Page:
If you asked me to name my favorite book, Aldo Leopold’s, A Sand County Almanac would come to mind. This collection of observations and essays about the natural world, lifestyle ethics and membership in community is more important now than when the book appeared approximately 75 years ago. My family is fortunate to own 20 acres adjacent to national forest property. There is a rustic cabin, although not nearly so rustic as Leopold’s original “shack.” In the 20+ years of our ownership, I’ve kept Leopold in mind.
When we bought the land, portions of the meadow were impassable in the late summer because of invasive thistle and hounds-tongue. Our small creek had sections trampled so badly by cattle that the channel could no longer contain heavy runoff and was becoming braided.
The Leopold family had a bigger problem because the already poor soil had been eroded by both logging and inappropriate farming practices. In response, they planted thousands of trees. For us, battling the land misuse was a combination of removing the cattle, keeping the fences repaired, digging, and spraying weeds, and repairing the creek channel by planting willows and using downed wood and rocks to rebuild the banks. We saw our efforts almost immediately. For the Leopolds, decades were required. Their property is now a beautiful mature forest and hosts The Leopold Center a very worthy organization (The Leopold Center | The Aldo Leopold Foundation ). (If you are ever near Baraboo, WI, don’t miss a visit.) We now have a natural creek channel and weeding requires only minor annual maintenance. The fact that we had improved some damaged land helped me feel connected to Leopold.
I’ve felt that connection even more these past few months. The covid-19 pandemic has kept us close to home and eliminated our social engagement. But we still have our cabin! Even after 20+ years, I continue to marvel at how rapid are the changes in wildlife and plants from week-to-week.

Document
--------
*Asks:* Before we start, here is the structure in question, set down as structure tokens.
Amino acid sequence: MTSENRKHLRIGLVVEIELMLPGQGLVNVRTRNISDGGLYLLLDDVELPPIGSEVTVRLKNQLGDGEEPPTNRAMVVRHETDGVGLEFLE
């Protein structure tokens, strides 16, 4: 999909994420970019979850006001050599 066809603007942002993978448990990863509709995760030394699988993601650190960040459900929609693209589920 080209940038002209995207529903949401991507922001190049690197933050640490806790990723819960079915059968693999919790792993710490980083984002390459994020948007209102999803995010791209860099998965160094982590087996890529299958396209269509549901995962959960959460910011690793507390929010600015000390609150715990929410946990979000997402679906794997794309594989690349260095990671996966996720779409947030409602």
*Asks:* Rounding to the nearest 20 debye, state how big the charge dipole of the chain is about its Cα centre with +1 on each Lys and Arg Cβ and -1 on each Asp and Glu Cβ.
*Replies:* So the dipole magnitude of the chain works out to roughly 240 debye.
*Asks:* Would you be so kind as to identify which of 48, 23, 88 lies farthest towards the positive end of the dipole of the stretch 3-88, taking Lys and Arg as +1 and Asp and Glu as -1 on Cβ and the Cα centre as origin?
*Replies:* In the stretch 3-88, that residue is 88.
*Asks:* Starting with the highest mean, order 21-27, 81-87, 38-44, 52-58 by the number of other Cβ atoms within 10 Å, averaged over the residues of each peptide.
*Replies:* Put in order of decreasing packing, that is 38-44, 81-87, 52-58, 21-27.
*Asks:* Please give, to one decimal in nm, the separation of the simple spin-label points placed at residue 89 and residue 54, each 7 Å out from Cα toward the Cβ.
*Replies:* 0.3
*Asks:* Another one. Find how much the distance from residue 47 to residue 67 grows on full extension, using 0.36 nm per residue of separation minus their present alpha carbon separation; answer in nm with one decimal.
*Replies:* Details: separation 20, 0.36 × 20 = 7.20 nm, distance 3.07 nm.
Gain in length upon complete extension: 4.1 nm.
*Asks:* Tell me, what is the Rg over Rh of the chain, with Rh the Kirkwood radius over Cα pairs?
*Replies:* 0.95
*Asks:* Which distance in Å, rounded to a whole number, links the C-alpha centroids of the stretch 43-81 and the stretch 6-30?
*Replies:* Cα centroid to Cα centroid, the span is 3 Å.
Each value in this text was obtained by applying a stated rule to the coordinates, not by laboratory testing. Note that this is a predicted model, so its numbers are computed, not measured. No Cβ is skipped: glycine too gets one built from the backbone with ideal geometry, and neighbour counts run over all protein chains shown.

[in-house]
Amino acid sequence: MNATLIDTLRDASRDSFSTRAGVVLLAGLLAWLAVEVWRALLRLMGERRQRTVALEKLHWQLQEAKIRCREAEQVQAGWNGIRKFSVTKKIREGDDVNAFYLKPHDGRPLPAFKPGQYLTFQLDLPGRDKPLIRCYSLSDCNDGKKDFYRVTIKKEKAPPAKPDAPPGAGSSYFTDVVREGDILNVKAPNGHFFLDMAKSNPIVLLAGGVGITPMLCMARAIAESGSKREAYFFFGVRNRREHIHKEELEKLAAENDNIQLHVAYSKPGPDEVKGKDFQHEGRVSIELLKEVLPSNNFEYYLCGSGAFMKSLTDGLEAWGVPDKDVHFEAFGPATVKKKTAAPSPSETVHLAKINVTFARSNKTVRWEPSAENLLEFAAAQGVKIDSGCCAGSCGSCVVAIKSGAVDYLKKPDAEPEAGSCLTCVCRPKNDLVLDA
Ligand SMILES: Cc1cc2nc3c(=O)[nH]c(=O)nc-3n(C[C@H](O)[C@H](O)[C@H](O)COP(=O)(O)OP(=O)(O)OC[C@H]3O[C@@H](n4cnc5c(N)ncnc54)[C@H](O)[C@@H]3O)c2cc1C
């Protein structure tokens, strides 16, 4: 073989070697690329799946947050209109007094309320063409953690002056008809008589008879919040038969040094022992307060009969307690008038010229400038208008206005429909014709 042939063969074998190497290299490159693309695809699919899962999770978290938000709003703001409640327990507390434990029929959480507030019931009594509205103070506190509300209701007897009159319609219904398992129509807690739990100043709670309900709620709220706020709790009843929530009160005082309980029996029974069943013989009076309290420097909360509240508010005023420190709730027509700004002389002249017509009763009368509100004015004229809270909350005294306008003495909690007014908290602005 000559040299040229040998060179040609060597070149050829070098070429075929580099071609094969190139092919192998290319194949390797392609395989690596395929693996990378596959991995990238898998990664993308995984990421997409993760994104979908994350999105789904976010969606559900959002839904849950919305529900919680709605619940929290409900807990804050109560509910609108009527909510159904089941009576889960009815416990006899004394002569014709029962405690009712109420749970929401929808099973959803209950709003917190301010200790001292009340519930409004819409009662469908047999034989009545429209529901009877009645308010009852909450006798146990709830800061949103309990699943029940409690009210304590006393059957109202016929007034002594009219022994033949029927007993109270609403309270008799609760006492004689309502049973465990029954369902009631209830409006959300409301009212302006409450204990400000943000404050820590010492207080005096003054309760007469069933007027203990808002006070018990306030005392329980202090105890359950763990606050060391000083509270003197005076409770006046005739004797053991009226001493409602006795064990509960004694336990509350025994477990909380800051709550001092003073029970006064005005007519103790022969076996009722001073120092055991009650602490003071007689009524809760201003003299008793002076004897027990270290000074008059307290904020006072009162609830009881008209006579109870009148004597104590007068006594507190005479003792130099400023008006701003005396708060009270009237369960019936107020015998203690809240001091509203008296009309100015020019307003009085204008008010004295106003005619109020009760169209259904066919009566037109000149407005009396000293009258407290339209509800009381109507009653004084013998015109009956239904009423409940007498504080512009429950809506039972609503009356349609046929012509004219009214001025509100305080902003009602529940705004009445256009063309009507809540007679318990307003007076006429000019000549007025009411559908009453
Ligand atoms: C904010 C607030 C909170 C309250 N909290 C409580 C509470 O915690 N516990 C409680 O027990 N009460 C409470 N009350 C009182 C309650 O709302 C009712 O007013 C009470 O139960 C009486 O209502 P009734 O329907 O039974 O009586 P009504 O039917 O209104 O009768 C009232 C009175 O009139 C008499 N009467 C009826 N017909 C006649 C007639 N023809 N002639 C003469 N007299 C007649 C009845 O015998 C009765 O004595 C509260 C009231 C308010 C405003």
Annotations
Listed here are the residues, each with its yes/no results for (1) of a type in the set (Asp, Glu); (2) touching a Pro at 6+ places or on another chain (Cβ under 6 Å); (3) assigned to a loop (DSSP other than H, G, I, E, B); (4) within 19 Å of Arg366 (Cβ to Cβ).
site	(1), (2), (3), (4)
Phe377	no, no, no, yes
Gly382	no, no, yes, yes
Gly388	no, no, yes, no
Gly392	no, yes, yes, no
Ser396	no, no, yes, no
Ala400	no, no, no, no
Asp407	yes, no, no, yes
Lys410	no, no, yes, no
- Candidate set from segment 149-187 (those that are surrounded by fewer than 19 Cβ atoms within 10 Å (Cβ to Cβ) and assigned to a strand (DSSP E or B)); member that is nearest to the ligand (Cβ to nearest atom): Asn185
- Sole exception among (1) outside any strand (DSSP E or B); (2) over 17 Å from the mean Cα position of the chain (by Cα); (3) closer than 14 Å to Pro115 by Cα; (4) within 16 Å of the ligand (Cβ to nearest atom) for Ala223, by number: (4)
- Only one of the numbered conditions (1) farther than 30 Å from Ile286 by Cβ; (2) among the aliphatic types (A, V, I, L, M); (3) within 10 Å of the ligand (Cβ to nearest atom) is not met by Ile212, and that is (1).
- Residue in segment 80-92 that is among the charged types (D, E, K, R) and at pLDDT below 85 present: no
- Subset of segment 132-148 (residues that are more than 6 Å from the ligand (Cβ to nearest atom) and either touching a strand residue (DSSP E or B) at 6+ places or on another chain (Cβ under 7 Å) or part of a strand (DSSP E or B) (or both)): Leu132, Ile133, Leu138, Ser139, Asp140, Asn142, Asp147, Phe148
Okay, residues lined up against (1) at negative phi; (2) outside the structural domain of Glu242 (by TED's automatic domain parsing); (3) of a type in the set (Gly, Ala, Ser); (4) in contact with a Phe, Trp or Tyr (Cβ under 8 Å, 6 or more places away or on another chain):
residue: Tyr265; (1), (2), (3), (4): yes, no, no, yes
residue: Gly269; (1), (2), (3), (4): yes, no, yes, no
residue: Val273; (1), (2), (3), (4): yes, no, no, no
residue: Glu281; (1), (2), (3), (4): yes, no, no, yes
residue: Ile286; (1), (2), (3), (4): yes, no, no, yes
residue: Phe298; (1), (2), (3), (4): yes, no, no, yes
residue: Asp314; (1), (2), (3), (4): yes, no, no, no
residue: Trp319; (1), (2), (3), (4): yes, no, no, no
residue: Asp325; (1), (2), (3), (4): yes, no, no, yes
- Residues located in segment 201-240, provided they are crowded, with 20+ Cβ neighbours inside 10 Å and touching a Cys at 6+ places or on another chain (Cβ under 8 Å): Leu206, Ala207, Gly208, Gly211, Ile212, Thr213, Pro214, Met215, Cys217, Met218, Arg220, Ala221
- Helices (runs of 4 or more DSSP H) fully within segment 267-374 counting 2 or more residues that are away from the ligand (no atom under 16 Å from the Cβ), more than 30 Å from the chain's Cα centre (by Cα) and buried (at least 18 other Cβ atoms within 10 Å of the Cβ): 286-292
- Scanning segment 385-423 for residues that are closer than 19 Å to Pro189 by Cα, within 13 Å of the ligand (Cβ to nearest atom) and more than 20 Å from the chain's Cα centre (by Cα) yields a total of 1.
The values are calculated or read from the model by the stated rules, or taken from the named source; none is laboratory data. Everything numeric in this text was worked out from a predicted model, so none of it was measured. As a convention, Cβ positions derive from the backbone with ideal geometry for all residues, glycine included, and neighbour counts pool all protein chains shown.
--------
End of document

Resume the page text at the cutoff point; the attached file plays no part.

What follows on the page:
Some species, I see often, such as this female Hairy Woodpecker I photographed last week. Last February, I spent several solo days writing. Birds were scarce. A big storm hit. The wind howled. Snow blew. Temperatures dropped below minus-10. In the midst of the storm, I heard a loud knocking on the walls. It sounded like the rhythm of a woodpecker. It may have been the only time I braved the outdoors that day. I bundled up and emerged from the warm cabin. There she was, a female Hairy Woodpecker, finding insect larvae in the logs. There’s a good chance my photo is of the same bird nine months older.
Leopold has an essay about a banded chickadee (#5290) that was recaptured annually for five years. Doubtless, some of the chickadees I’m seeing each week are the same birds, and the same birds I saw last winter.
I’ve been able to spend more time connecting with other species too. Early in November, I found a Northern Pygmy Owl. I heard his repetitive toot-toot while I roamed the woods in the twilight. A couple of weeks later, it was a Northern Saw-whet Owl that thrilled me with a close approach and the “scree” call that led to its name. The next morning, I was barked at by the Pine Squirrel that lives in the oaks by the road. Least Chipmunks, abundant all summer and fall, are mostly asleep for the winter. In fact, I thought they were all slumbering, but the one who lives under our deck has recognized that my presence means seeds around the bird feeder. Perhaps, my walking on the deck woke him up and led to his dash for the bush that has the feeders. Once inside the bush, I heard his familiar bark.
Leopold, if not the inventor, was the first to popularize the idea of ecology as the inter-connectedness of all living things. His book is replete with descriptions of everything from the tiniest flowers to the larger animals and birds. Leopold’s working title for his book was Great Possessions, I know how he felt.